The 1960s was full of controversy in the art world. Minimalism and Pop Art paved the way for Photorealism by challenging people to consider pieces like Kasimir Malevitch’s “Black Cross” (1915) as true art. Some have described Photorealism as a reaction to Minimalism. In 1992, Vivien Raynor wrote in the “New York Times” that Photorealism “came out of Pop yet had the affectlessness of Minimalism and, at the same time, capitalized on the public’s fondness for exact replication.”
Photorealists began with the camera as a device for recording the naked truth of their subject matter on film. Then they used a technical, if not scientific, methodology for painting the image captured on film. Observers could then react to the pure truth produced in the systematic process. Thomas Albright, an art critic for the “San Francisco Chronicle,” once said that “intervention between the painting and objects served to neutralize the original subject of the picture.”
This art movement continued into the 1970s at its peak, and some artists continued the approach for the next few decades. Photorealism was international, not just limited to American artists. The leader of Photorealism in the 1960s was Richard Estes (b. 1932). He graduated from the Art Institute of Chicago in 1956 and relocated to the art world in New York City. Estes would always use the camera to create images that would be useful for his representational paintings.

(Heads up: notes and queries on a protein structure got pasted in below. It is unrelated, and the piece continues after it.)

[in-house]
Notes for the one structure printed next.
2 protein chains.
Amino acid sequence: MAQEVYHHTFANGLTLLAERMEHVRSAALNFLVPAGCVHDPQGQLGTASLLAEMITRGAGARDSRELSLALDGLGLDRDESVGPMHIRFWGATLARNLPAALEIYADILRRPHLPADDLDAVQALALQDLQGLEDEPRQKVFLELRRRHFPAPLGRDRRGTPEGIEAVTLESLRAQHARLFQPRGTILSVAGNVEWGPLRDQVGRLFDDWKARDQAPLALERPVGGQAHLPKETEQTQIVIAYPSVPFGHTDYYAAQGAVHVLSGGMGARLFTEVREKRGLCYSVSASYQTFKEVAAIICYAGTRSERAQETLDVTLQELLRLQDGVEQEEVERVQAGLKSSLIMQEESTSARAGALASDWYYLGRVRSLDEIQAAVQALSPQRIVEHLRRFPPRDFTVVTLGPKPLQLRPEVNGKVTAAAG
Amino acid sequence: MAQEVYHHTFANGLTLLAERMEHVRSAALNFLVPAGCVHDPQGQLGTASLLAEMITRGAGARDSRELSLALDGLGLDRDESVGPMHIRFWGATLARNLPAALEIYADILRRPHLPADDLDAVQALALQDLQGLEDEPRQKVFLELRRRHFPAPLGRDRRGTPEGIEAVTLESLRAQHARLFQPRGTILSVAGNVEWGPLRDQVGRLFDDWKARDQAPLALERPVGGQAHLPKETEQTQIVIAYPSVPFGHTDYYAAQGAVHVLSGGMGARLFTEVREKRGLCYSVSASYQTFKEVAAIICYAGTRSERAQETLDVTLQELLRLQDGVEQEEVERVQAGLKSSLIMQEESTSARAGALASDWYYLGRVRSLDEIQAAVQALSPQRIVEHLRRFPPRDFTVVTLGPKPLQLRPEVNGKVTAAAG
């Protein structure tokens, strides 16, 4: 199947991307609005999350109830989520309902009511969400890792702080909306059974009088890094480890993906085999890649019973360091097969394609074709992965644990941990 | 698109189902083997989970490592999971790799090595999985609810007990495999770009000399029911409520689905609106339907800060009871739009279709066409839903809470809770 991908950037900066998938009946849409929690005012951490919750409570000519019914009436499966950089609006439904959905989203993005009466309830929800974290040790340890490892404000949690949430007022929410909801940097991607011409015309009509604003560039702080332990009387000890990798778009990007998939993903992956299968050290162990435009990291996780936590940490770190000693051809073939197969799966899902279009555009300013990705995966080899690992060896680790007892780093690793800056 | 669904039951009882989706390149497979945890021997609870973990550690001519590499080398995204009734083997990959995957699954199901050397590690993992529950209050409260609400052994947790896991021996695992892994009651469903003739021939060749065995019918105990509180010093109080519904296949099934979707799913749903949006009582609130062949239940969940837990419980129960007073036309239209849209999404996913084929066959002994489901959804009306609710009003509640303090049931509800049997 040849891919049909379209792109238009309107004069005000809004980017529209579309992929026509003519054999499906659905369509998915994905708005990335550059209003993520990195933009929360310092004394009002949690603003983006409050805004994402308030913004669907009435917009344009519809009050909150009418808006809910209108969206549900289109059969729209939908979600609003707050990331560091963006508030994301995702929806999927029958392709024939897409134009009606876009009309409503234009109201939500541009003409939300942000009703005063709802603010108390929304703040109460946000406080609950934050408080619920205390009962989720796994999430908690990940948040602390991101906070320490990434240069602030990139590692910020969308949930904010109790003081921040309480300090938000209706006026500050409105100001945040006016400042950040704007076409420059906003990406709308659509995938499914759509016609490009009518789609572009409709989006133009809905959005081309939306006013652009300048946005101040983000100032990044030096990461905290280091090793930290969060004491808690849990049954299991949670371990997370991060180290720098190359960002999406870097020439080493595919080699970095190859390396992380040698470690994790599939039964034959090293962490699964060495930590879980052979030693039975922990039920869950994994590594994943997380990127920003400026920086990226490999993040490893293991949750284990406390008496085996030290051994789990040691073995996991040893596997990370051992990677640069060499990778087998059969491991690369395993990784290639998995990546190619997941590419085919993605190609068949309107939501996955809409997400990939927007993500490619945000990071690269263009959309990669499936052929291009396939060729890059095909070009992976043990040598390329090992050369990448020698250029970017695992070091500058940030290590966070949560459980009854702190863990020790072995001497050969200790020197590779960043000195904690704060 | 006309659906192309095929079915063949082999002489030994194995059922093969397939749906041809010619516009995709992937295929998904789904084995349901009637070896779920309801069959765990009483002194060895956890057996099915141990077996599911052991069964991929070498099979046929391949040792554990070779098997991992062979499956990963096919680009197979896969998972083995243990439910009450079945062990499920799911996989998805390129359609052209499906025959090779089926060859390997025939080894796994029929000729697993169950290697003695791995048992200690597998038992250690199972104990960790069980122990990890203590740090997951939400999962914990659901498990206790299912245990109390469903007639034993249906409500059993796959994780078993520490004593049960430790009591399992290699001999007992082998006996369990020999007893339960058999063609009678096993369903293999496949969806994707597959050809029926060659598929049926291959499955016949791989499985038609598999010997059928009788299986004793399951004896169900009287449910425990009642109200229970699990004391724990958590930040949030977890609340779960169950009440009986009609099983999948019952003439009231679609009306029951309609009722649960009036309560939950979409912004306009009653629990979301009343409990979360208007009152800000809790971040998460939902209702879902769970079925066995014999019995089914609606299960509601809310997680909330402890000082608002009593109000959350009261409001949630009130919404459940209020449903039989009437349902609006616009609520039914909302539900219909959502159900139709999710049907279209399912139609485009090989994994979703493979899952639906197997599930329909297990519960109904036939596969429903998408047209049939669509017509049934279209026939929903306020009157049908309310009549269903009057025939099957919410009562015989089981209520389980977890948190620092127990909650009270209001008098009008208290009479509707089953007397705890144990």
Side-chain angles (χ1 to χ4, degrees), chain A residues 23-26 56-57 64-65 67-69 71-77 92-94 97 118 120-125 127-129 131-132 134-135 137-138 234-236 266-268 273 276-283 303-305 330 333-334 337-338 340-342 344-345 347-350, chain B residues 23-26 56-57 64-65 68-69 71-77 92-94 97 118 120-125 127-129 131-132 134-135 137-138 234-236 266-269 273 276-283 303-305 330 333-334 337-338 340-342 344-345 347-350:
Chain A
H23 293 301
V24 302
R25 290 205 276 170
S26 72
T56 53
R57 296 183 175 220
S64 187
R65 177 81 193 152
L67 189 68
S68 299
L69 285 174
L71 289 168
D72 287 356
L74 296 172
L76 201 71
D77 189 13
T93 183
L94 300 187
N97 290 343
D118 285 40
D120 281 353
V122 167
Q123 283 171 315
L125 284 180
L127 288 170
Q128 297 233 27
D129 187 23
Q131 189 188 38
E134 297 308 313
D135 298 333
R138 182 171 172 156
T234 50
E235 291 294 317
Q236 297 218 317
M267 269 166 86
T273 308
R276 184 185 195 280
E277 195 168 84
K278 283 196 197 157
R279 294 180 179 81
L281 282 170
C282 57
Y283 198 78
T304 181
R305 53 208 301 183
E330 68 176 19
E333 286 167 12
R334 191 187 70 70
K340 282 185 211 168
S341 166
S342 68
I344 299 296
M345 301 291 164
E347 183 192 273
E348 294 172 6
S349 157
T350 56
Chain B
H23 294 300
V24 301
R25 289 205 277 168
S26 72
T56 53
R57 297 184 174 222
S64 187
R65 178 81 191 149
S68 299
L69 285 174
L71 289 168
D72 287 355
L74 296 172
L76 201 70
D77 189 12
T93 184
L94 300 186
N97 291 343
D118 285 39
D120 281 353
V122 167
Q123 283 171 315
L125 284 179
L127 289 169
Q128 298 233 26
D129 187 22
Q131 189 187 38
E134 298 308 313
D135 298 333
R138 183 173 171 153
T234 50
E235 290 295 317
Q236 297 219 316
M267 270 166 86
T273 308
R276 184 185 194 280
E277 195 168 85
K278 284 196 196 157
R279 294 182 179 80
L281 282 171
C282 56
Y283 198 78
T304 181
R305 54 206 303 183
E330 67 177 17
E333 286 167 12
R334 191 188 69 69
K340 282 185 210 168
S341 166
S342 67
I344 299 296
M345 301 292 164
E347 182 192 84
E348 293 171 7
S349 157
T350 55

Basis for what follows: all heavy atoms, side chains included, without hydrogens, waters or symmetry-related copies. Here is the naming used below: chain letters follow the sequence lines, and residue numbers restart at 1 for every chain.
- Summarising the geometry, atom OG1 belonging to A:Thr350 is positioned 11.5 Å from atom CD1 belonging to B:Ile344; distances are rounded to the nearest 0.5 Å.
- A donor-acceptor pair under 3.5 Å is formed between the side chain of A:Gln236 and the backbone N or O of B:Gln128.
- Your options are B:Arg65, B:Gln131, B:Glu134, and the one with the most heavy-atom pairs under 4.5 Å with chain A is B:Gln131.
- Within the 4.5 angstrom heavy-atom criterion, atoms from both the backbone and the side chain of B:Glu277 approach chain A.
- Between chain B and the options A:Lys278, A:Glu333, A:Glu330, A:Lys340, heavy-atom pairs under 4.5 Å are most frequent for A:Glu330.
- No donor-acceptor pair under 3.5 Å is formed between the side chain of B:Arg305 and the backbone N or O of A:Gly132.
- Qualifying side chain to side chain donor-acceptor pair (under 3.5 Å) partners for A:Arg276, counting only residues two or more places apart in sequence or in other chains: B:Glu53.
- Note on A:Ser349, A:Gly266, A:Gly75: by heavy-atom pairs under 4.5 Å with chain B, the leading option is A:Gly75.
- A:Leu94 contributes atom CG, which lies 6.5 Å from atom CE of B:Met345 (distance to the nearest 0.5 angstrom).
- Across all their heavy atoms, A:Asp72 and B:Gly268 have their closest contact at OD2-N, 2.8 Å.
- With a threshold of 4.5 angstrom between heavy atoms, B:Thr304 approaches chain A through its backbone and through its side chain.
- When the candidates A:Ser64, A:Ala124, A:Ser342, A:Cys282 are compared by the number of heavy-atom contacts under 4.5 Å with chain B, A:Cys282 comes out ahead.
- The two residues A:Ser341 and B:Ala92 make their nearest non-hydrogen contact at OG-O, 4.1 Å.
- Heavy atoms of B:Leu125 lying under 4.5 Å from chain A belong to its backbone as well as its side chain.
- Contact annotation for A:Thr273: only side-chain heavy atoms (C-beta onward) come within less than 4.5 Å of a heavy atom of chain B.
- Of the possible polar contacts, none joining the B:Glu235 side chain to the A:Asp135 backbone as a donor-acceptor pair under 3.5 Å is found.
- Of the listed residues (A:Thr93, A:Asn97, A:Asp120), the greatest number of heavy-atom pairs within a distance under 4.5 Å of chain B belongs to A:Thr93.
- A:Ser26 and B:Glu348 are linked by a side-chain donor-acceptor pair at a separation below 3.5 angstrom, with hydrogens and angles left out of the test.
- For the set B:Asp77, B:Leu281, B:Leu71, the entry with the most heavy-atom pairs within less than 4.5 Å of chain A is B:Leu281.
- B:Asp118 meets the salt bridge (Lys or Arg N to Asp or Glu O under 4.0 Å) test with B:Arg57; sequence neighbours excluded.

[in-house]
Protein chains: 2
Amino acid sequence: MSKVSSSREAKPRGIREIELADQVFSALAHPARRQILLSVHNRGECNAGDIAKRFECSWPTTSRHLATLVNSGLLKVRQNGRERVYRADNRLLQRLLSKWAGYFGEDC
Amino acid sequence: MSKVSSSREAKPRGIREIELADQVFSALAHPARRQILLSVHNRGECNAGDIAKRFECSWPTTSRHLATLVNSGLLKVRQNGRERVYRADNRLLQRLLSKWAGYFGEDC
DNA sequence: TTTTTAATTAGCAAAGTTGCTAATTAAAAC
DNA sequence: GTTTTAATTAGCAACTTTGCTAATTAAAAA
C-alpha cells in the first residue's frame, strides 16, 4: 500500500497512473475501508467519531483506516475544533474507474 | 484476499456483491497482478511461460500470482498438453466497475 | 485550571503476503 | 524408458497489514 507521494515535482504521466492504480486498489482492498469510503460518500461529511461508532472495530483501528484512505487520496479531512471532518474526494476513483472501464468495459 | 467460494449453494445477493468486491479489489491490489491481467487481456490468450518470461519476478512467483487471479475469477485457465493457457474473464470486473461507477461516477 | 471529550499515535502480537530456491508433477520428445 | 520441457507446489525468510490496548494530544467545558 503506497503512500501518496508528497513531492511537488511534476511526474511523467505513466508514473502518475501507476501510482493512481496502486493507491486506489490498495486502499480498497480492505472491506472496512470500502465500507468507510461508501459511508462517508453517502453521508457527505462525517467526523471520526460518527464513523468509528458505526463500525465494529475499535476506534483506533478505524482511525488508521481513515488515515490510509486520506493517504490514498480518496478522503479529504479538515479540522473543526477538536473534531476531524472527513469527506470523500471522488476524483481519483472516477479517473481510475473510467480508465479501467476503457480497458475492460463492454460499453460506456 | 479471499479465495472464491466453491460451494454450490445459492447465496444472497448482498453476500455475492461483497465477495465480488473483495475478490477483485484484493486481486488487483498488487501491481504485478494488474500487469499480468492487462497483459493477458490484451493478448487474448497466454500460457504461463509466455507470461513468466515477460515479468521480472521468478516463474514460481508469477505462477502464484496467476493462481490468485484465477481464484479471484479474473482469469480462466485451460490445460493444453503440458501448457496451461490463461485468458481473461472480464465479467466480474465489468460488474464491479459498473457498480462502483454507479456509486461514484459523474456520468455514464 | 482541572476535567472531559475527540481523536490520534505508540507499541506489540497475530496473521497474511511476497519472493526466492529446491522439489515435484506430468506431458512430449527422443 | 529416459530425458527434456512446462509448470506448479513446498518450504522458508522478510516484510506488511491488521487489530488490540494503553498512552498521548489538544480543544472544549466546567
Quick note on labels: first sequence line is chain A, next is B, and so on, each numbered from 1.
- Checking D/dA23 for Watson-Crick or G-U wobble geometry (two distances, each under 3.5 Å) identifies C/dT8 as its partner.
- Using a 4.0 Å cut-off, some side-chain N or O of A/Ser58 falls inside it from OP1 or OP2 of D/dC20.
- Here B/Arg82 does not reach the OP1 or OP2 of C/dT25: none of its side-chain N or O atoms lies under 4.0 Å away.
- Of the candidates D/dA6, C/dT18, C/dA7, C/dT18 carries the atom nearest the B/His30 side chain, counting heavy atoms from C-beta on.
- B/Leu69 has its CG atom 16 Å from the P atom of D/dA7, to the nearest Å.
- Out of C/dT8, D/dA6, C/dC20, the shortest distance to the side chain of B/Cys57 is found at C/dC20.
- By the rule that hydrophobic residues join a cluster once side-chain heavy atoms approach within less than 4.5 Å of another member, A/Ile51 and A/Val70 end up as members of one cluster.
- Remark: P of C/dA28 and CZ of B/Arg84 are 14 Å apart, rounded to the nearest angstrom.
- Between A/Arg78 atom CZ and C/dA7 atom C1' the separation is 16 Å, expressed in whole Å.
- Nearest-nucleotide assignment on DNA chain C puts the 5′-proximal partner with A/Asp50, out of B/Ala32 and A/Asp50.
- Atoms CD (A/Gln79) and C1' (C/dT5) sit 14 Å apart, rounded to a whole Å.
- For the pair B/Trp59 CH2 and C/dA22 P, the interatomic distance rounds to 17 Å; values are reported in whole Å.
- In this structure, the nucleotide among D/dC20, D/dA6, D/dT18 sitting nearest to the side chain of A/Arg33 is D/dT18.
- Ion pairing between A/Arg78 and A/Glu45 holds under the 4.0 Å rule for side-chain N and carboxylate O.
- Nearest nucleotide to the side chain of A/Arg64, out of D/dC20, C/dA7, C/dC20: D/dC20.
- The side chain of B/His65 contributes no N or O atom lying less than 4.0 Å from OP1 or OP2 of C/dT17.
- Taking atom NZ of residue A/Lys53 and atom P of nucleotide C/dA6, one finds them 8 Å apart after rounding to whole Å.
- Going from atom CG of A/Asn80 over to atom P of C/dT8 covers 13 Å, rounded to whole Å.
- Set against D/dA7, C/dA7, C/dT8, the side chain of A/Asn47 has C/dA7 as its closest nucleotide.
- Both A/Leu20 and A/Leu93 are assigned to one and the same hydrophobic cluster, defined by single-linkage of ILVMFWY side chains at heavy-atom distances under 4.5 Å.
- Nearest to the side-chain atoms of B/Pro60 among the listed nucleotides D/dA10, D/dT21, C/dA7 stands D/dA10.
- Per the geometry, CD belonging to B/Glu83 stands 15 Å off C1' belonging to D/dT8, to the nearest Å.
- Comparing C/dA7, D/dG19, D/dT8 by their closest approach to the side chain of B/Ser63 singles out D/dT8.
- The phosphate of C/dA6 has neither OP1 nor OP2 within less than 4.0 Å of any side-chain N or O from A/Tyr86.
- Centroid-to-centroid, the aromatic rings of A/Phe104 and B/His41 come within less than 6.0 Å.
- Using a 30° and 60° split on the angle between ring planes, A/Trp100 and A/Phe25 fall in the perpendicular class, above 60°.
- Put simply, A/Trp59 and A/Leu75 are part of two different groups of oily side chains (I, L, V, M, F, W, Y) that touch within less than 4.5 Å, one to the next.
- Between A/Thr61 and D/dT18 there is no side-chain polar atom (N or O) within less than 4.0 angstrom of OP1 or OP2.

Early on, Estes specialized in urban landscapes and had solo exhibitions with this title. Later, he turned to European subjects and sea landscapes. In 1967’s “Figures in Cafeteria,” Estes reflected the influence of Impressionism in the artistic rendering of indoor light and the clothing details of the cafeteria diners. The total effect is a moment captured in time with a reassuring sense of motion.
Some art historians describe New Image painting in conjunction with Photorealism, but painters were already creating representational paintings from press clippings and other sources before the Photorealists in the late 1960s (Honour and Fleming, 2005). In the 1960s and 1970s, artists succeeded in forever altering conceptions of art through new imagery.
Another Realist, Ralph Goings, was so taken with Realism and Photorealism since the 1960s that he continued to produce paintings for forty more years. Born in 1928, Goings received art training at the California College of Arts and Crafts (BFA, 1953) and Sacramento State College (MFA, 1965). Art lovers can still access his contemporary website (as of 2009). One of his early works was called “McDonalds Pickup, 1970.” A truck from the 1960s is pictured in front of a local McDonalds eatery. This restaurant chain had taken root in American popular culture in the 1950s.
Photorealists like Estes and Goings continued to focus on Realism and used other media to create representational images, including pen and ink, pastels, and prints, in the 1980s and beyond.